If the court grants the petition for rehearing, EPA also asked to submit supplemental briefs, “given the importance of these statutory and regulatory issues.”
EPA's Oct. 5 petition for rehearing en banc in EME Homer City Generation LP v. EPA in the U.S. Court of Appeals for the District of Columbia Circuit is available at http://op.bna.com/fcr.nsf/r?Open=jcos-8yslxr.
The states' and cities' petition is available at http://op.bna.com/fcr.nsf/r?Open=jcos-8ysscj.
The petition from environmental and public health groups is available at http://op.bna.com/fcr.nsf/r?Open=jcos-8yssgp.
All Bloomberg BNA treatises are available on standing order, which ensures you will always receive the most current edition of the book or supplement of the title you have ordered from Bloomberg BNA’s book division. As soon as a new supplement or edition is published (usually annually) for a title you’ve previously purchased and requested to be placed on standing order, we’ll ship it to you to review for 30 days without any obligation. During this period, you can either (a) honor the invoice and receive a 5% discount (in addition to any other discounts you may qualify for) off the then-current price of the update, plus shipping and handling or (b) return the book(s), in which case, your invoice will be cancelled upon receipt of the book(s). Call us for a prepaid UPS label for your return. It’s as simple and easy as that. Most importantly, standing orders mean you will never have to worry about the timeliness of the information you’re relying on. And, you may discontinue standing orders at any time by contacting us at 1.800.960.1220 or by sending an email to firstname.lastname@example.org.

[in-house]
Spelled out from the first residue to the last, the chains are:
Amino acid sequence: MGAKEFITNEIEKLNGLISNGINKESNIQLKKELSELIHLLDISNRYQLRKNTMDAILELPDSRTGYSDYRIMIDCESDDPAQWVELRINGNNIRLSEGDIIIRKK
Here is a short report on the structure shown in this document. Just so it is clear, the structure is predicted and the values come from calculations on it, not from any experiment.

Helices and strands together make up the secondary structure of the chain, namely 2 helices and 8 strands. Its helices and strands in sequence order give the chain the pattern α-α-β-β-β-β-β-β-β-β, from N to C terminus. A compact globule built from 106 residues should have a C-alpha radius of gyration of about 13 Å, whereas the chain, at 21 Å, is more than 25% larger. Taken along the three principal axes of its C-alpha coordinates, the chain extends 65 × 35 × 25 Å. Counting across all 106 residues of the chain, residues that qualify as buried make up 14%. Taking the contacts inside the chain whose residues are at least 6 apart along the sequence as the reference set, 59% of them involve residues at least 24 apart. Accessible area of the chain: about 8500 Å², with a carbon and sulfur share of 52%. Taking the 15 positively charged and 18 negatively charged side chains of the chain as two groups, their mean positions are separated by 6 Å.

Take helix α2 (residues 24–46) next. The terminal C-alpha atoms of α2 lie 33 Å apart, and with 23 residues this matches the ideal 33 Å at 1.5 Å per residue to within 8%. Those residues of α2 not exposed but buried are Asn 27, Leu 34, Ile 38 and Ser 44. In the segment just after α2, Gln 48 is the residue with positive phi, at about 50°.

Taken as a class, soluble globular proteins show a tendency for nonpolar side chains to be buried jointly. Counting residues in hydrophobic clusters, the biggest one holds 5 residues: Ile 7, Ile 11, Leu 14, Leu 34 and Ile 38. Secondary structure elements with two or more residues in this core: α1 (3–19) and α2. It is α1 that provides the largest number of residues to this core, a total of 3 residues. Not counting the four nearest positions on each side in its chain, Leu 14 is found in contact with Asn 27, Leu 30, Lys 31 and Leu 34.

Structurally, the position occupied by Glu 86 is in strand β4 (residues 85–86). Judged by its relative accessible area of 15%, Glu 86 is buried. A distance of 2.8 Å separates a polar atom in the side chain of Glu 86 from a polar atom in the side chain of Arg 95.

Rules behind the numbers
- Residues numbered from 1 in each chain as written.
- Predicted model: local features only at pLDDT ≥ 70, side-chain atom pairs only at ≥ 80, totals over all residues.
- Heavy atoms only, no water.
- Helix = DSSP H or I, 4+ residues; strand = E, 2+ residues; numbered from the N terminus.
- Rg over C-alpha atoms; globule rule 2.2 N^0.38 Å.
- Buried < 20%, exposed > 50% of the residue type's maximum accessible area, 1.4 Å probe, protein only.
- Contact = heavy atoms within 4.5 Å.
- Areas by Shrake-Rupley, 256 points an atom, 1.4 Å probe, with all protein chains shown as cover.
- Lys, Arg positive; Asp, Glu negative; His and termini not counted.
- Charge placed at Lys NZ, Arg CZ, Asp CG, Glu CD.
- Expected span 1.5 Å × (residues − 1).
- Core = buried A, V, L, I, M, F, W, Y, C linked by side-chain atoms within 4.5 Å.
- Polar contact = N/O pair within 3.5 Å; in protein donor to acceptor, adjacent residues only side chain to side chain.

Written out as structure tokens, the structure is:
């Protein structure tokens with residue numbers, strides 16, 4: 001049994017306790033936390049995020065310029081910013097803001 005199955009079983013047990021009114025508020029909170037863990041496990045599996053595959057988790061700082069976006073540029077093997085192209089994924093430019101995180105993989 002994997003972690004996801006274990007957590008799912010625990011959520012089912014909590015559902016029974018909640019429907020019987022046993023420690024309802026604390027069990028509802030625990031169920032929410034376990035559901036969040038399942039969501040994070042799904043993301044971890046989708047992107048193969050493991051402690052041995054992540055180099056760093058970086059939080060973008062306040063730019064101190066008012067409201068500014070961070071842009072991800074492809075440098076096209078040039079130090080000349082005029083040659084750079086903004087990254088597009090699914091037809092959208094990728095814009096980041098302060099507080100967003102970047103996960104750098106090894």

Put me on standing order at a 5% discount off list price of all future updates, in addition to any other discounts I may quality for. (Returnable within 30 days.)
Notify me when updates are available (No standing order will be created).
This Bloomberg BNA report is available on standing order, which ensures you will all receive the latest edition. This report is updated annually and we will send you the latest edition once it has been published. By signing up for standing order you will never have to worry about the timeliness of the information you need. And, you may discontinue standing orders at any time by contacting us at 1.800.372.1033, option 5, or by sending us an email to email@example.com.
Put me on standing order
Notify me when new releases are available (no standing order will be created)